On May 20, 2010, the Senate passed the "Restoring American Financial Stability Act of 2010" as amended ("Senate Bill"). Congressional leadership has indicated that conference committee proceedings will take place in June, making it likely that the legislation will be passed by the House and Senate before the July 4th Recess and signed into law by the President shortly thereafter.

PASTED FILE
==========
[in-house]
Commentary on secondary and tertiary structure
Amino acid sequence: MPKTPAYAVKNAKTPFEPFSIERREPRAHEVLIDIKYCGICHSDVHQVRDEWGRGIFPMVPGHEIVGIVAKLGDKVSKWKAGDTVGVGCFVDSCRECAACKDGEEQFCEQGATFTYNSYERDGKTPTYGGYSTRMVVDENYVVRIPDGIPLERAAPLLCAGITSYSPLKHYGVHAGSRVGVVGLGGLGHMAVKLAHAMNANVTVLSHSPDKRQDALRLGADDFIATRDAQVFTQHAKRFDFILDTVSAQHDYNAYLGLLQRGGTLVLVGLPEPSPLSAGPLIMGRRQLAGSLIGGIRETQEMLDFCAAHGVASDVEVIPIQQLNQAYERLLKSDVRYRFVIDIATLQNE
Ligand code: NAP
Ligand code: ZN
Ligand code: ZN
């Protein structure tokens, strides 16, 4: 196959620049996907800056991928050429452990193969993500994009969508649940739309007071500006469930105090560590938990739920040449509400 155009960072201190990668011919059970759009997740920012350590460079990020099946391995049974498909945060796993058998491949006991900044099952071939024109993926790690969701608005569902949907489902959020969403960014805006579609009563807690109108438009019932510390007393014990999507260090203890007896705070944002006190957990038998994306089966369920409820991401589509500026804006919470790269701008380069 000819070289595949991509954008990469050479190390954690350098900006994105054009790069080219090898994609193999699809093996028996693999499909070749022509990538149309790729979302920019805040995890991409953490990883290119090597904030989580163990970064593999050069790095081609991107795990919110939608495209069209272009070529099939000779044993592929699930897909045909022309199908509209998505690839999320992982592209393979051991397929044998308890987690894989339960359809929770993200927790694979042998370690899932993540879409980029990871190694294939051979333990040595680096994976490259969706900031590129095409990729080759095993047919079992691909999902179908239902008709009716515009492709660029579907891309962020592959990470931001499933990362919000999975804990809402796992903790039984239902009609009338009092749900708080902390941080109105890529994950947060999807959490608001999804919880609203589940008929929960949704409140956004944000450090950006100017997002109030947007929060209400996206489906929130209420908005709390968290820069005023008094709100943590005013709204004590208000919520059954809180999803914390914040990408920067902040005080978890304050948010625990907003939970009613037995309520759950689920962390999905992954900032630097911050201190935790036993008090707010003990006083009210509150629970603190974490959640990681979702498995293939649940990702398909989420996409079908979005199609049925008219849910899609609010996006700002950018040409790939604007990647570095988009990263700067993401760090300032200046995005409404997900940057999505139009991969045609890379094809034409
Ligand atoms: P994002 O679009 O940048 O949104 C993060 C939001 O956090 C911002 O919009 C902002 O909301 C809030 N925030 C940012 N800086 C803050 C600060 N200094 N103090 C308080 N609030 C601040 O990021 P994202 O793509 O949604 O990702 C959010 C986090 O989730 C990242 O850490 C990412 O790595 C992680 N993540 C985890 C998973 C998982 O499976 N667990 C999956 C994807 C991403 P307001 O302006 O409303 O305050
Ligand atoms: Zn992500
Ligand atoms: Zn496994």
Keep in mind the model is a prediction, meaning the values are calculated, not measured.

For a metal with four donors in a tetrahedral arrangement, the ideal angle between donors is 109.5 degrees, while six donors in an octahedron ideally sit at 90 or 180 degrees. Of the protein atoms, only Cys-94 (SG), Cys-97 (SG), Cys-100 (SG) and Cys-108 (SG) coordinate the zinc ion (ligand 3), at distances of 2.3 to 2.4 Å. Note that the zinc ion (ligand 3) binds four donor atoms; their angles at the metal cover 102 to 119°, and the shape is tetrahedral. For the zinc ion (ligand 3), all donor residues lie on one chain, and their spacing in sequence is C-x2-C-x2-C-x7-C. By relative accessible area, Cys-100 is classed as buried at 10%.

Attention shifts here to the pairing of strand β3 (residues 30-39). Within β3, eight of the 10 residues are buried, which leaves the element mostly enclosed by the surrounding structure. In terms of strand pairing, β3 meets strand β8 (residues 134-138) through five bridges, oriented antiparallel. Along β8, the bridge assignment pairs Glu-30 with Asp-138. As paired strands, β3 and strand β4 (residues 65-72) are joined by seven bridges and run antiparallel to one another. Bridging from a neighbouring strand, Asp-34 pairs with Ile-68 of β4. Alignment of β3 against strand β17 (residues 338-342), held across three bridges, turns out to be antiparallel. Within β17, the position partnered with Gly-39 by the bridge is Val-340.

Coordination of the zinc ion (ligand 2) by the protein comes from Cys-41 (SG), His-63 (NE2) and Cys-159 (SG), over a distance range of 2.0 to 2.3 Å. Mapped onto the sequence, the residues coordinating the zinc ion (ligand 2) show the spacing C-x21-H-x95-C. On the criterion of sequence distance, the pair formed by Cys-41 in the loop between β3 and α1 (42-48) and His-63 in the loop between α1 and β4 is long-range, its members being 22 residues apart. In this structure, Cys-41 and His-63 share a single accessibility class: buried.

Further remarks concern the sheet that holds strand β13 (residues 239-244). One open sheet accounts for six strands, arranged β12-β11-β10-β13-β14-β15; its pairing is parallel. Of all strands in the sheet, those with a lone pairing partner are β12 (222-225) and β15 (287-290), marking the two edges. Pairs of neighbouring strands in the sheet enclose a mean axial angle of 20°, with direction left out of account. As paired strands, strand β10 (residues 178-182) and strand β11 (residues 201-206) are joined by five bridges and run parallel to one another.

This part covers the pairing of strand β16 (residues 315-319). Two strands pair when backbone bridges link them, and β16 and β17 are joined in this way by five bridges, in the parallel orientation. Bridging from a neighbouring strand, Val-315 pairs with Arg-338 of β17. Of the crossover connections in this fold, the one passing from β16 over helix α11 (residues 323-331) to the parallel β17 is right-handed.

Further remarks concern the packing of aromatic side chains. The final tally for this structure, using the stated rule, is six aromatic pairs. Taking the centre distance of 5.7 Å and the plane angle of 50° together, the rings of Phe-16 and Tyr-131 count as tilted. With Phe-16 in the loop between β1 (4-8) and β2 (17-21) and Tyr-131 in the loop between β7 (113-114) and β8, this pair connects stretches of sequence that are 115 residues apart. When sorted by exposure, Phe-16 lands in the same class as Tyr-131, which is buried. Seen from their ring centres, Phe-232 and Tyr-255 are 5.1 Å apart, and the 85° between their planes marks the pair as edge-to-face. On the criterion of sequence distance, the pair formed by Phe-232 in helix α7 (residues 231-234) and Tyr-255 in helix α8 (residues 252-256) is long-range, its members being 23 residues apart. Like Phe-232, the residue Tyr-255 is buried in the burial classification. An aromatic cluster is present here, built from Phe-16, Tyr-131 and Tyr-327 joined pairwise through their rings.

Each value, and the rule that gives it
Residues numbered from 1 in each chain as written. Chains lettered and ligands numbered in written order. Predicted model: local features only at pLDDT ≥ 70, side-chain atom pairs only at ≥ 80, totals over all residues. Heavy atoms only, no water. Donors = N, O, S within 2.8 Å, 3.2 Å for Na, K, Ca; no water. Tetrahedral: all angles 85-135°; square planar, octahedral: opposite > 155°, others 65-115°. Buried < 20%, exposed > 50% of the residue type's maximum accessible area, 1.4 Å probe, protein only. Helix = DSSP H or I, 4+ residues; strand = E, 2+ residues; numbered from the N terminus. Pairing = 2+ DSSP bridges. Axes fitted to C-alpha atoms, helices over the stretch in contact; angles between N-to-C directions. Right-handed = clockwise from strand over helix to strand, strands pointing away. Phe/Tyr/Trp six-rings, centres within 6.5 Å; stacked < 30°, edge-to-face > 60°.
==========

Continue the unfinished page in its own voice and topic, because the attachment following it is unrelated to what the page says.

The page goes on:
BackgroundBy way of background, Senate Banking Committee Chairman Chris Dodd (D-CT) released a draft Senate Bill on March 15. The draft Senate Bill, which had been in development for months, was different in many respects from H.R. 4173, the "Wall Street Reform and Consumer Protection Act of 2009" ("House Bill"), which was passed by the House on December 12, 2009. Although 473 amendments were filed, the Senate Banking Committee's March 22 markup lasted only 21 minutes. The Committee passed only the Manager's Amendment and voted along party lines to favorably report the legislation to the full Senate. Please see Emerging Issues: Financial Regulatory Reform Legislation Moves to Senate Floor, Senator Dodd Releases Financial Regulatory Reform Legislation: The Home Stretch?, and House Passes Financial Regulatory Reform Legislation for additional information.The Banking Committee bill was subsequently introduced as original measure S. 3217. Floor consideration began on April 28 and lasted over three weeks. 441 amendments were filed and 33 were adopted. Notably, Chairman Dodd and Senate Banking Committee Ranking Minority Member Richard Shelby (R-AL) were unable to come to an agreement on a package of non-controversial, bipartisan provisions for a comprehensive Manager's Amendment, leaving many significant issues unresolved. Procedurally, the Senate took up the House-passed H.R. 4173, inserted the text of S. 3217 as amended in lieu of the House's text, and passed the bill by a vote of 59 to 39. Four Republicans voted for the Senate Bill and two Democrats voted against the Senate Bill.Depository InstitutionsBoth the House and Senate Bills would abolish the Office of Thrift Supervision ("OTS"), giving the Office of the Comptroller of the Currency ("OCC") supervisory authority over national banks and Federal thrifts. In contrast to the House Bill, the Senate Bill would abolish the Federal thrift charter, with a grandfather provision for existing thrifts.The Senate Bill does not offer a national mutual bank charter, which was included in the House Bill. During the course of the Senate's consideration of the banking regulatory structure, the Senate Bill moved closer to the House Bill. As such, this is likely not to be an area of significant debate during the conference committee proceedings.While both Bills modify the exceptions to the Bank Holding Company Act ("BHCA"), they do so differently. The House Bill would significantly narrow the exception to the BHCA for industrial loan companies ("ILCs"), lending companies that are subsidiaries of industrial companies whose primary purpose is to lend to customers, and require most companies that currently own ILCs to either register as bank holding companies or restructure their financial activities. New ILCs would not qualify for the BHCA exception. In contrast, the Senate Bill imposes a three-year moratorium on nonfinancial firms acquiring control of a credit card bank, ILC, or trust company. During the moratorium, a study would be conducted to evaluate eliminating many of the exceptions to the BHCA.
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